Due to climate change, billions of people will relocate by the year 2050. Which areas will be abandoned, and where will the population be concentrated? What will be the next urban and infrastructural challenges? These are issues investigated by Parag Khanna, indicated by Esquire as one of the 75 most influential people of the 21st century, and included in the “Smart List” of Wired.
Khanna is the founder and managing partner of FutureMap, a global strategic consulting firm based in Singapore, which develops scenarios for governments and private companies. In his latest book Move: How Mass Migration Will Reshape the World – and What it Means for You he explores the near future in relation to the theme of migration, correlating geographies and maps that have previously been disconnected and misaligned. We asked him to explain the effects of migration on the development of cities, and to share some possible scenarios in relation to architecture and work.
D In “Move” you talk about 4 geographies – natural/environmental, geopolitical, functional and human – describing them as related but misaligned. Could you give us an example?
R Let’s take the question of worldwide food production. Because of climate change, the geography of food production is shifting north. So you can see that Canada and Russia are becoming among the largest food producers in the world. But the infrastructure – food processing, irrigation, farming equipment, mechanized farming, roads, railways – is very poor in Russia and even in parts of Canada. Things that are needed for the production and distribution of food just stopped, leading to direct economic repercussions. It is fundamental to diversify and to extend the geography of food production to the whole world, correcting the lack of alignment, also to cope with the acceleration of climate change.
Another example is demographics: the differences in the presence of elderly people and young people, reflected in distribution of labor and the need for services. This imbalance has to be corrected, and it will imply the migration of people towards resources, and vice versa. Not only strategies on a governmental level, but universal challenges regarding the dynamics between the public and private sectors.
[Also read the futurologist Matthias Horx - Blautopia – When rebirth is blue]
D What do you mean by geographical misalignment in terms of architecture or urbanism?
R Coastal cities, especially in Asia where they contain a huge percentage of the population, such as Jakarta, Hong Kong or Manila, are threatened by rising sea levels. This means that it is important to organize resilient cities that are capable of adapting to climate change. Unfortunately, however, real estate investments do not focus on more inland settlement and new infrastructures, but rely on the existing models, high-rises and skyscrapers.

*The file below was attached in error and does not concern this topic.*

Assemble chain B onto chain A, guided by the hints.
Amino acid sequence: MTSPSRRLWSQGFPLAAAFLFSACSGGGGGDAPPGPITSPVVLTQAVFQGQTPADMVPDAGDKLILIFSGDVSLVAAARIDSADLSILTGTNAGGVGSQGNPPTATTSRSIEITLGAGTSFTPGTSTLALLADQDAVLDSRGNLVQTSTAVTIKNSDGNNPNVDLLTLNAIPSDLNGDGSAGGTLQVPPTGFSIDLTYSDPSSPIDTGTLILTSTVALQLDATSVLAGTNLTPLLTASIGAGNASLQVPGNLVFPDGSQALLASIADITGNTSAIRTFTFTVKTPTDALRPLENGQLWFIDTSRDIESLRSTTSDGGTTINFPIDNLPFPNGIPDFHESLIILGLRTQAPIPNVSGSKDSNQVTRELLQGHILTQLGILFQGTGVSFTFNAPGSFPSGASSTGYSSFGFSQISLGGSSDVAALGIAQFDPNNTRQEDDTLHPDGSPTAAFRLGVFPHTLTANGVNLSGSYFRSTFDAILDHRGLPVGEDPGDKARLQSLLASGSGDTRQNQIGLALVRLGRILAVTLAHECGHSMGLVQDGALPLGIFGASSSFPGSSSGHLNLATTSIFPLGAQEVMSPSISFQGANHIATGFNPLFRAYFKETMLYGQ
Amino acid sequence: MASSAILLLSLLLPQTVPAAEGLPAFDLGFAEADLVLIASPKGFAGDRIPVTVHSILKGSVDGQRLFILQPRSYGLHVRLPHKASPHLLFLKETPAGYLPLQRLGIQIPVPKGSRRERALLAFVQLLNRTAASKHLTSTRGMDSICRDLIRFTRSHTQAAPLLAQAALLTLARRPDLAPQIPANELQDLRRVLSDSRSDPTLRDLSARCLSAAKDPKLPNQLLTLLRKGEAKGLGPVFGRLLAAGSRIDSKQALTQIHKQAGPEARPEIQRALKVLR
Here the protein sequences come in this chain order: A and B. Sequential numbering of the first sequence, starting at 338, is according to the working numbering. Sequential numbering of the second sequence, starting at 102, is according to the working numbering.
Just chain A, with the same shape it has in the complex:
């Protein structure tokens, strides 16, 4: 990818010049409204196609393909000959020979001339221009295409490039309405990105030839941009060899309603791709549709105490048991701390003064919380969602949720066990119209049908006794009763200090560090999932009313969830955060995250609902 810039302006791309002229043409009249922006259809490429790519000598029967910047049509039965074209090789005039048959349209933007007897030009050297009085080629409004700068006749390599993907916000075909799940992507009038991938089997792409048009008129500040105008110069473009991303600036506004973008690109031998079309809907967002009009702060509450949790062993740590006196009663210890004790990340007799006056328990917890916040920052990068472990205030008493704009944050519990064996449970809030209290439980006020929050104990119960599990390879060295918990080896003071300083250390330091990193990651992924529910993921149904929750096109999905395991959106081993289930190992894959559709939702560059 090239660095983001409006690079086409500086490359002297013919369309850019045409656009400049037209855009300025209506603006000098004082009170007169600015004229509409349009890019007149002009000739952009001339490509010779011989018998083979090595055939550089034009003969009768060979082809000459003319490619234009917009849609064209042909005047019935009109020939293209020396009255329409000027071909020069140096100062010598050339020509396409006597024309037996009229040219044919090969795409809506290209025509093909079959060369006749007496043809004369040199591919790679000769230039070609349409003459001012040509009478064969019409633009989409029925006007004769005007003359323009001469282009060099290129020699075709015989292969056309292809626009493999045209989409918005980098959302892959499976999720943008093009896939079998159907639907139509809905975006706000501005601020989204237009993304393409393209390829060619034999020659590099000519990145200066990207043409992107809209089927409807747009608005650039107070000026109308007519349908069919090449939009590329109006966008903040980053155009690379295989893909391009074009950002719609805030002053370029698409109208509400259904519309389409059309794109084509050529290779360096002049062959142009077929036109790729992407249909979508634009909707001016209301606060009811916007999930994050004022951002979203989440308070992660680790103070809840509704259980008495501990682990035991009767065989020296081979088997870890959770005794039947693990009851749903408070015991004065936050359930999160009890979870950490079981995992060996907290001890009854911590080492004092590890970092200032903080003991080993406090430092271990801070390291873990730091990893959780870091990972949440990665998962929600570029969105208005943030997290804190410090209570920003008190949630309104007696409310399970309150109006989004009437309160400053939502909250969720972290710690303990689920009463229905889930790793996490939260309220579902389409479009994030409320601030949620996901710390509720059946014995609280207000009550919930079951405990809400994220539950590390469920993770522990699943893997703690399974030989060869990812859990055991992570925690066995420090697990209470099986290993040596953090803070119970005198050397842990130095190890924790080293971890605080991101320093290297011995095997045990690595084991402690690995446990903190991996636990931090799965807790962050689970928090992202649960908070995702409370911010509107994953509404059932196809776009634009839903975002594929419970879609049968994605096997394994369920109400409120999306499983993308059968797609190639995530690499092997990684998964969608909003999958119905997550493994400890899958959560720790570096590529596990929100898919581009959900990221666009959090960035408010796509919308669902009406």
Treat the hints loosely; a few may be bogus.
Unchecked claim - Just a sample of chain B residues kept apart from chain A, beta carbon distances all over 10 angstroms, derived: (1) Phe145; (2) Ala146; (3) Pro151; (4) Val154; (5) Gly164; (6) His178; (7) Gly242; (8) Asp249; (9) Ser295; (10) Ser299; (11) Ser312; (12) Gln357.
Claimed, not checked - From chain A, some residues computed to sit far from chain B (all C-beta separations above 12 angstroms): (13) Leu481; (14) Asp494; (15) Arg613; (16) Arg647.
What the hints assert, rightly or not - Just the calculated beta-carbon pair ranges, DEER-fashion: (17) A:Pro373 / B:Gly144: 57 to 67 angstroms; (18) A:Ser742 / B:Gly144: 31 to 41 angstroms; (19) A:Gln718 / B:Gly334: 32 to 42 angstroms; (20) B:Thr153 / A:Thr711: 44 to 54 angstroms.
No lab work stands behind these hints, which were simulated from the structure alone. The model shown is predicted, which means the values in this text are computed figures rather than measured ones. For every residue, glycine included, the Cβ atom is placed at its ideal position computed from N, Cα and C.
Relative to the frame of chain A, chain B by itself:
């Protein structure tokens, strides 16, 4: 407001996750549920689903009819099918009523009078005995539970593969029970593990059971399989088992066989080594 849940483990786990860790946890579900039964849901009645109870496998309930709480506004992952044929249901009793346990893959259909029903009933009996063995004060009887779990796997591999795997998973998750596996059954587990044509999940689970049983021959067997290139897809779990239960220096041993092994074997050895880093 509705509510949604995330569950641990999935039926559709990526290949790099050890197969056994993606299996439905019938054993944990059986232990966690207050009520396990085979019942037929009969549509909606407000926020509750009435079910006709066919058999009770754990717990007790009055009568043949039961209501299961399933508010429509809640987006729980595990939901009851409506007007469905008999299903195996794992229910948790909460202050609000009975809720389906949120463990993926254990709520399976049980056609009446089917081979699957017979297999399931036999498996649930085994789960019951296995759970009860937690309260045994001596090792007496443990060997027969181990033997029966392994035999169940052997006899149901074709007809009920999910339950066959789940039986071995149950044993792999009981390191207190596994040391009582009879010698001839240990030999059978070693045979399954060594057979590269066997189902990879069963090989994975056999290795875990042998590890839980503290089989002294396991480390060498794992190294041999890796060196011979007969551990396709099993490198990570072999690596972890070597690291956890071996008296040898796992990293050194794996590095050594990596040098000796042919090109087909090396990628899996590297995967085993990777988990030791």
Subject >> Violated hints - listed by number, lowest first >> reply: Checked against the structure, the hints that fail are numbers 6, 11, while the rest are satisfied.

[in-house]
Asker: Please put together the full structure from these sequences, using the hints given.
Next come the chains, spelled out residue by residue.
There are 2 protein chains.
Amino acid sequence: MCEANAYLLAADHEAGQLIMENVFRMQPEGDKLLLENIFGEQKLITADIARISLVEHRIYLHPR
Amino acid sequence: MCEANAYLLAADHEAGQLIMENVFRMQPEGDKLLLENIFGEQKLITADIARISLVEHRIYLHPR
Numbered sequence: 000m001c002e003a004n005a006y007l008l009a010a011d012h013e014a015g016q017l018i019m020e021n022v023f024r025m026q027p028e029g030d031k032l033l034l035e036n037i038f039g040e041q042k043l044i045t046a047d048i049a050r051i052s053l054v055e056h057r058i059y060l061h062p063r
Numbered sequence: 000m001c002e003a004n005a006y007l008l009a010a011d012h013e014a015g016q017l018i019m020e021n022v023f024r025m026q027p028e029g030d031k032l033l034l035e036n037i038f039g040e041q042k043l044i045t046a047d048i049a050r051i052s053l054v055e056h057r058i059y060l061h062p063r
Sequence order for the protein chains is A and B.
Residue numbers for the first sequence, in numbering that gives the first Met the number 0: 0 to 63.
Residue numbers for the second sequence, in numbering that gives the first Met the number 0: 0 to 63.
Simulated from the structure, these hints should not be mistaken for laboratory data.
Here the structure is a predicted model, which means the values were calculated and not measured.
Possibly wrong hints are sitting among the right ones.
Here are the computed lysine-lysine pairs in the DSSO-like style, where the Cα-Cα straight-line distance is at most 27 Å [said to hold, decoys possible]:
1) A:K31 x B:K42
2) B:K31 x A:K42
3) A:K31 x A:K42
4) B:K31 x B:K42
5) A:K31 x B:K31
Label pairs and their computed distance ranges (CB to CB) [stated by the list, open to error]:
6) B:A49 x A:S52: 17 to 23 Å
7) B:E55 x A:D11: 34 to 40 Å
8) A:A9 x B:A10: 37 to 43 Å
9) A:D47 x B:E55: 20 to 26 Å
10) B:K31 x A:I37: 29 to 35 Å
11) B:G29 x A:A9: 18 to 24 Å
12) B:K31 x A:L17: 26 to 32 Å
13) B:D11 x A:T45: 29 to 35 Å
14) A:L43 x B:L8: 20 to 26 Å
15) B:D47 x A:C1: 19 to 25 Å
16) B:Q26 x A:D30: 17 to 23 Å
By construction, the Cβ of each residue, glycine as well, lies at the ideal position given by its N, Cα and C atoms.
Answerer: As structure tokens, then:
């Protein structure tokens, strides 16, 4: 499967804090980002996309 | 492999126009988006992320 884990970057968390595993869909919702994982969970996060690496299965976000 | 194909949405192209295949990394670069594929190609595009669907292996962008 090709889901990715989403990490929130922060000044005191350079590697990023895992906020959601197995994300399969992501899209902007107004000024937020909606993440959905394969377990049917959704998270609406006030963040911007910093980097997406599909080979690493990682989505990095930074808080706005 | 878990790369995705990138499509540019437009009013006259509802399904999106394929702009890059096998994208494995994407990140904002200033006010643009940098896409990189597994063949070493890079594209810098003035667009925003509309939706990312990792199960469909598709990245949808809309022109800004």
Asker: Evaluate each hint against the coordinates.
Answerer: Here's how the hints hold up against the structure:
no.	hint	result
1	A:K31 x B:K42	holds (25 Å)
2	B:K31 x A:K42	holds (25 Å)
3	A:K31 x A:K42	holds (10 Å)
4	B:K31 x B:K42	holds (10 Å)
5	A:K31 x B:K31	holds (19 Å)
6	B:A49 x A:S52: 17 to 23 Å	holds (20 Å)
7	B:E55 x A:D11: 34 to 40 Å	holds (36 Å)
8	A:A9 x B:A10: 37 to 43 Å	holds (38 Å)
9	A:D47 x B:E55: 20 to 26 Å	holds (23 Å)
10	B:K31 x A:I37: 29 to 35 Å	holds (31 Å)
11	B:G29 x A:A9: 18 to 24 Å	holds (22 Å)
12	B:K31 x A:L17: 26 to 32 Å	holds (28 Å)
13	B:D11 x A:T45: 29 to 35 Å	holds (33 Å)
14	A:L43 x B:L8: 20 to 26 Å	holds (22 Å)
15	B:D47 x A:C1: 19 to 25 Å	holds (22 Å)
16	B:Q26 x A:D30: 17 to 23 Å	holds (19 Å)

When we talk about housing, there is a need to invest in what I call “mobile real estate.” We tend to think of real estate as something that is fixed, buildings are fixed and office buildings, especially, are fixed in place. But what if we did more modular construction? Instead of burying buildings in the ground with concrete, we can make movable buildings, focusing on the quality of services and functions, using alternative materials, 3D printing with recycled substances, sustainable buildings that can easily be moved on the back of a truck. This is not science fiction: the Dutch, French and British governments are leading the way in this research. There are German and Finnish companies that offer such solutions. Europe seems to be on the cutting edge of these technologies.
[Also read “Democratic and Inclusive: cities come to grips with the future”].
D What will be the scenario for workspaces?
R Though there is a return to the office, it will not be total. The pandemic has caused an irreversible change. There will be a surplus of such spaces on the real estate market, which could be put back into balance by responding to the demands for other types of facilities, such as public or student housing at affordable prices. The real estate sector has to adjust to a scale that is more socio-economic, rather than simply financial. The change on the demand side has also led to the industrial transformation now in progress. Buildings will inevitably become more multifunctional and multi-asset, for growth based on a mix that extends to property as well.
[Also read the interview with Giorgio Donà, of Stefano Boeri Interiors, and Despina Katsikakis, Head of Occupier Business Performance at Cushman & Wakefield].
D Let’s talk about migratory flows. Could you roughly explain the new migratory models on a cultural and geopolitical basis? What scenarios do you see for the future of cities?
R On a global level, I see the shift of people from south to north, from coastal to inland areas, from lower elevation to higher elevation. New cities in climate resilient areas are going to thrive. It could be places like Calgary or Toronto in Canada, but also cities in central or northern England, Moscow or Berlin. A lot of people say cities will be the losers of the pandemic, but I disagree – the city always wins. The requirement is resilience: cities that are resilient to climate, technologically connected, with suitable infrastructures and economically affordable, with good levels of healthcare and hygiene. Detroit, Michigan is a climate resilient city, but it is still losing people due to the effects of deindustrialization. For success, places have to be able to welcome innovation, to be dynamic and appealing for young people.
D What are you working on after “Move”?
R I’m working on an algorithm called Climate Alpha, a technology or software platform that will help to rank the future performance of real estate assets depending on different climate change scenarios. It is a private start-up, and the algorithm is already up and running.
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